DON'T BE AFRAID TO CALIBRATE
By Mohan Karulkar: I have a running app on my phone that's pretty slick. It uses the accelerometer in your phone to track your strides and calculate distance. The only problem is that not everyone has the same leg length or running style, and so out-of-the-box, the app isn't very accurate with distances. The first time I counted laps, I realized it was adding 25% extra distance to my runs!
I was bummed at first, and started to question all the progress I thought I'd made in my recent reintroduction to running. But the beauty of the app is that there's a calibrate feature that lets you manually correct the distance tracked on a run. The app actually learns from your correction and adjusts its calculations for future runs. After fixing a single run, the app is now spot-on for me. I'm beyond impressed.
When we screw up, it's temping to start questioning things about ourselves. Am I a bad person? Am I hopeless? Am I broken? What we sometimes miss is that we have the ability to calibrate too, and 1000 better than any app does. We have free will, and support systems, and a brain that can out-calculate any computer program out there. Yet we accept failure because we think what's broken can't be fixed, or that we're not capable of anything more.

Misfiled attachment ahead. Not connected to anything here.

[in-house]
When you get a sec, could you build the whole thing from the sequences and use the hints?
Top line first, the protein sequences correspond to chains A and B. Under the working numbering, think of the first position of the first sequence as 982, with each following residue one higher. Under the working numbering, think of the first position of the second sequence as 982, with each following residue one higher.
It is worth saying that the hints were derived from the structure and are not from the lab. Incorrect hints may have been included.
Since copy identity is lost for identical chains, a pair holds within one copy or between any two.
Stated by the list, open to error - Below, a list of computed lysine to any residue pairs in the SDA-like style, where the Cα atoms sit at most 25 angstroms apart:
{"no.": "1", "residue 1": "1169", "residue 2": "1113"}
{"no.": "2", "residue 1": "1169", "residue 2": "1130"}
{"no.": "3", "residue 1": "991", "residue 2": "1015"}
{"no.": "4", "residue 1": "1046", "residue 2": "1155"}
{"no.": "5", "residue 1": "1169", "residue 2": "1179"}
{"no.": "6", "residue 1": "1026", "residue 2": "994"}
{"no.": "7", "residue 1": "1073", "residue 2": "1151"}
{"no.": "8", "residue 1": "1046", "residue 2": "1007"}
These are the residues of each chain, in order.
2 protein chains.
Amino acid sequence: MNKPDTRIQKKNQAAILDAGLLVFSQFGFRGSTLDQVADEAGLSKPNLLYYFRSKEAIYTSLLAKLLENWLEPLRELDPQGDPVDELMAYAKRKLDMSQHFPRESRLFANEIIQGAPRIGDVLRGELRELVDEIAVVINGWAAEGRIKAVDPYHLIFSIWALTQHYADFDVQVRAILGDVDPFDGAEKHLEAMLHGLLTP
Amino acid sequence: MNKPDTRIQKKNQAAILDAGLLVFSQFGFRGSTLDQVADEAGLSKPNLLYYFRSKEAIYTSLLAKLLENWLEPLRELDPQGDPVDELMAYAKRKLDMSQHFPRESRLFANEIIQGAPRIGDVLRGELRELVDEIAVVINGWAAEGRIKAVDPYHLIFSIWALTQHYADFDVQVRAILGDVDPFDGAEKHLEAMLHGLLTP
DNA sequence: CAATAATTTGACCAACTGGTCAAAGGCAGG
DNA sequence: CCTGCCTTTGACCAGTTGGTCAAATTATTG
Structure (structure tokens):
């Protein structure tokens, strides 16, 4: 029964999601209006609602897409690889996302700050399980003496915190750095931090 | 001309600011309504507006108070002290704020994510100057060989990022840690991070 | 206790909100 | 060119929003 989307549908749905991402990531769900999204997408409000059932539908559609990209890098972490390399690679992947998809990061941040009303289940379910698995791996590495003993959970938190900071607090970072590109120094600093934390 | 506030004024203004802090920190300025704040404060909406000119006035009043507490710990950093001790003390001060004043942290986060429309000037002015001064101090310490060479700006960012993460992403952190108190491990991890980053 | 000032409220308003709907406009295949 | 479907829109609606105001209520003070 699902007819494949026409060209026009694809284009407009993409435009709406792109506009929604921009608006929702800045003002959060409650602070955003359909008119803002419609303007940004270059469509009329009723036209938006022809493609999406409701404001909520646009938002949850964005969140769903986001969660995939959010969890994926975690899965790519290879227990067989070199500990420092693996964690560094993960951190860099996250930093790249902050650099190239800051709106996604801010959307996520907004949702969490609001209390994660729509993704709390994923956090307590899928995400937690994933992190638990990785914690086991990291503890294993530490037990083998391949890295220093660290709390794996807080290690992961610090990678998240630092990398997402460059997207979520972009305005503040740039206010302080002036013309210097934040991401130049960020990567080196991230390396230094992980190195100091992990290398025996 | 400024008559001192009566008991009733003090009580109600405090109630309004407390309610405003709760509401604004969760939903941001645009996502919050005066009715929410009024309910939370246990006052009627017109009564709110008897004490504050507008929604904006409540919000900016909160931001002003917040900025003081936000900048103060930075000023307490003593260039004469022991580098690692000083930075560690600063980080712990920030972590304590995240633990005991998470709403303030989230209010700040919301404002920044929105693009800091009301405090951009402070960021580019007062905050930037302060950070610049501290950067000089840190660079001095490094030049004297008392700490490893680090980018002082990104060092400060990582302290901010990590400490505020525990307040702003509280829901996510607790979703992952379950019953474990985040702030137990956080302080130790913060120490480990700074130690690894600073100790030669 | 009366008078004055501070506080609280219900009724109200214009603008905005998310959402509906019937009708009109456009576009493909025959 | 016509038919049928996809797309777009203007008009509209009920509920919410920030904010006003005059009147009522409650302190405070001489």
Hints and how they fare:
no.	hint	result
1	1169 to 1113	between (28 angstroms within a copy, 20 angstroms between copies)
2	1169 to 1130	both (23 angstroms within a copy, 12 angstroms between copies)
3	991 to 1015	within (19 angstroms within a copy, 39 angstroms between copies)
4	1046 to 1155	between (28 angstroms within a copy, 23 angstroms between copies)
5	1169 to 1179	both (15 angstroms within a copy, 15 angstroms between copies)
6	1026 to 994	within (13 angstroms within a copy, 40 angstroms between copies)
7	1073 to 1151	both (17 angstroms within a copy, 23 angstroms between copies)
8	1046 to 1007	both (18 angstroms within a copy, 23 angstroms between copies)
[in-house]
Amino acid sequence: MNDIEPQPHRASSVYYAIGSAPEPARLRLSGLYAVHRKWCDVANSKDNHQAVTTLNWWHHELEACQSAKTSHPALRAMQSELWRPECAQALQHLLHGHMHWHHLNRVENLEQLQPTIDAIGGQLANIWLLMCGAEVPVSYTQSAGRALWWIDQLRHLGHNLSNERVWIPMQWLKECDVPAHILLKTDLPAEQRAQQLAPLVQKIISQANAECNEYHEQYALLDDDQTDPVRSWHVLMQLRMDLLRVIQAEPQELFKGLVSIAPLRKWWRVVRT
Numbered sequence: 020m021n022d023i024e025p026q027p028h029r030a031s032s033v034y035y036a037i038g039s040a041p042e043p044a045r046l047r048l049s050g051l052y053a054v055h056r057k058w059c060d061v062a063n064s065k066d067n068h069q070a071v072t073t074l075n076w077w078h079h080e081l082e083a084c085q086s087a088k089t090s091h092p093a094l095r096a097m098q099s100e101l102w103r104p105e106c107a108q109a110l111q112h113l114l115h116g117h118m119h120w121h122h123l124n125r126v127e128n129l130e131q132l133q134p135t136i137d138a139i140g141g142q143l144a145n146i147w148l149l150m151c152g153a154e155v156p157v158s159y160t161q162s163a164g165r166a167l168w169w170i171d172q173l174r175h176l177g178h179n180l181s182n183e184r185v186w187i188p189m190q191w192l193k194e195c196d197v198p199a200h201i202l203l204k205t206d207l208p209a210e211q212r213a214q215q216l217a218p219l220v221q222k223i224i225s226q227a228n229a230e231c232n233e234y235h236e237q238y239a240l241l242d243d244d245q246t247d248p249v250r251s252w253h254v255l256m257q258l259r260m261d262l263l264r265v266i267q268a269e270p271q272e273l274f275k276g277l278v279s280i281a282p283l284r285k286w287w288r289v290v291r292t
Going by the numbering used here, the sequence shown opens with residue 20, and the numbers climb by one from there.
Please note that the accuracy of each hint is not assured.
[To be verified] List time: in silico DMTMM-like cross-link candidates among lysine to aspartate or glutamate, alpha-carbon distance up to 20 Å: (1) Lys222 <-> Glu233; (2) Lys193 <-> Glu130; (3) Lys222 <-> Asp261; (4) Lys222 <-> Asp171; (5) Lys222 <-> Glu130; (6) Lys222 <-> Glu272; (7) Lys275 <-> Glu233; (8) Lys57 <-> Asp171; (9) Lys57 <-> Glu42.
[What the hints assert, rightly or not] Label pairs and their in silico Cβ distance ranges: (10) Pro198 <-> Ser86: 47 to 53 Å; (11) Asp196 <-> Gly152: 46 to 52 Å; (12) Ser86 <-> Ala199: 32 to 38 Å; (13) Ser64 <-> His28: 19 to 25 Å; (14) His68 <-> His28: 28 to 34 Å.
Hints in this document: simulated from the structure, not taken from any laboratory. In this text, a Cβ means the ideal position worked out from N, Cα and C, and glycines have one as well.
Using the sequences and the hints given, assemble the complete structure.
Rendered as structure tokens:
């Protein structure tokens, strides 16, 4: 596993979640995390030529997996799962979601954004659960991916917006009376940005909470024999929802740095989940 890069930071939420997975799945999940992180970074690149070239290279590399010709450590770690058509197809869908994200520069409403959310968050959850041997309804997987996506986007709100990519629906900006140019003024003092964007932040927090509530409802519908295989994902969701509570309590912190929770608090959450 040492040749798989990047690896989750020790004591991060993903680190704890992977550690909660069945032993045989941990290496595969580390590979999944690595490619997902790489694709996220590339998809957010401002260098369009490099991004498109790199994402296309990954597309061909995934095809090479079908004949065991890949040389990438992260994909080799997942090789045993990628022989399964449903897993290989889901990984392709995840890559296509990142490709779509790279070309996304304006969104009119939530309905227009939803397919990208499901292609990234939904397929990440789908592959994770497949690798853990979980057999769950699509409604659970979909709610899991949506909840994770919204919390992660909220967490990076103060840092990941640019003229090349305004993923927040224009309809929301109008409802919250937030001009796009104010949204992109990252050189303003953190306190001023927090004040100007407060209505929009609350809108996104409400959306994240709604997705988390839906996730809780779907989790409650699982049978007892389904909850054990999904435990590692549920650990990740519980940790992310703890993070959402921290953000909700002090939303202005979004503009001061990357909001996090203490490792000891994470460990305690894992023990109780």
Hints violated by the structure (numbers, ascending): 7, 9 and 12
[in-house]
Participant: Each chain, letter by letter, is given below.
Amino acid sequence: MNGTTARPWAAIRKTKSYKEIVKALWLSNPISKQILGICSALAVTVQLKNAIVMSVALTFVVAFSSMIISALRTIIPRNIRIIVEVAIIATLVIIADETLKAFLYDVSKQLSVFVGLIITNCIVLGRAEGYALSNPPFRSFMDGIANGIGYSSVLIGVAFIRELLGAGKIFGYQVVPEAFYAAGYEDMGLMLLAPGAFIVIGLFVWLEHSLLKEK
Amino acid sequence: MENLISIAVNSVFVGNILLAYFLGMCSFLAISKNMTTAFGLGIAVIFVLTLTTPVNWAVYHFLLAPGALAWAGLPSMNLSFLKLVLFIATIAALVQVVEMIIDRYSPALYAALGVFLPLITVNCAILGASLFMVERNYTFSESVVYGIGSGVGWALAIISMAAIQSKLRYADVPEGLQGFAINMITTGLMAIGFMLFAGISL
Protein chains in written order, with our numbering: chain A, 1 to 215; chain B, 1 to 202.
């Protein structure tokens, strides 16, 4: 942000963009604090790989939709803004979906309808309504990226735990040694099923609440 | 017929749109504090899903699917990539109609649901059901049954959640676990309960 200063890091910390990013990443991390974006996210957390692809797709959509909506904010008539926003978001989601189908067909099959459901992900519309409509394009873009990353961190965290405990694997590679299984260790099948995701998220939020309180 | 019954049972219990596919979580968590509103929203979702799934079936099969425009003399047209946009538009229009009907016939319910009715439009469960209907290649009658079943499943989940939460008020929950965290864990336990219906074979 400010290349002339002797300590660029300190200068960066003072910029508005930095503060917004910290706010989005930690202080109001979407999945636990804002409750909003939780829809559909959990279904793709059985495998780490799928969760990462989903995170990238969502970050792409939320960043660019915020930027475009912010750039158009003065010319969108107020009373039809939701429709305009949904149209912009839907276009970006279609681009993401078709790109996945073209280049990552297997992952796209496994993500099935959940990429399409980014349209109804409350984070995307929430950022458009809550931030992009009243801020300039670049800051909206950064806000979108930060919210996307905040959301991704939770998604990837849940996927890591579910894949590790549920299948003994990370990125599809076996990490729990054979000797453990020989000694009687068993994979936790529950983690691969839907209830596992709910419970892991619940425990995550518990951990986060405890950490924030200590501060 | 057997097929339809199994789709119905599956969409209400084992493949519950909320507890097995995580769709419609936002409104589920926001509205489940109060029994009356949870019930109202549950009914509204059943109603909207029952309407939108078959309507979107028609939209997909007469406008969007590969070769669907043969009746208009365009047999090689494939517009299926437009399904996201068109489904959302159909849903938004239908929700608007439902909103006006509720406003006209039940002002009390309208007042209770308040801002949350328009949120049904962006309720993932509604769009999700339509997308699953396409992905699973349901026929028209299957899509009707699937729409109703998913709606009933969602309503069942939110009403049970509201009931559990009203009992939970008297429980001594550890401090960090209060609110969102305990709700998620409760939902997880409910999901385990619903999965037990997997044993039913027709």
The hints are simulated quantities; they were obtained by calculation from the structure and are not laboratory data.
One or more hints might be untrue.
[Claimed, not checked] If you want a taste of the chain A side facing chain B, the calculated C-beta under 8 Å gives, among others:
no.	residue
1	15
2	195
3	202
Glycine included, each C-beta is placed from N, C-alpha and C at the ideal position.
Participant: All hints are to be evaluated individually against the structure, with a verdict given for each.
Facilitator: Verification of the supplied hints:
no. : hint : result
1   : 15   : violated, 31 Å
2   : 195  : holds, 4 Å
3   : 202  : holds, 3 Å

The thing is, lots of stuff needs calibrating because it gets off-base sometimes -- it's really not such a big deal. Bathroom scales have a little knob. People stuff folded paper under table legs. Recipes are adjusted for altitude. February 29. High mileage oil. Reading glasses. Baby aspirin. Dr. Scholls. Pass the salt ...
You get the point.
So it's time to find your calibrate feature. We all have one -- it's the part of us that accepts our mistakes, learns from them, and gets back up to try again.
You know you're allowed to do that, right? Try again? It's a fundamental part of the second-chance experience, and it's a right we all have as humans. If you needed permission, consider it granted!
POTSC is a safe haven for trying again -- a place to calibrate and recalibrate and recalibrate again. So let's start the conversation: What's off in your life, and what do you need to calibrate?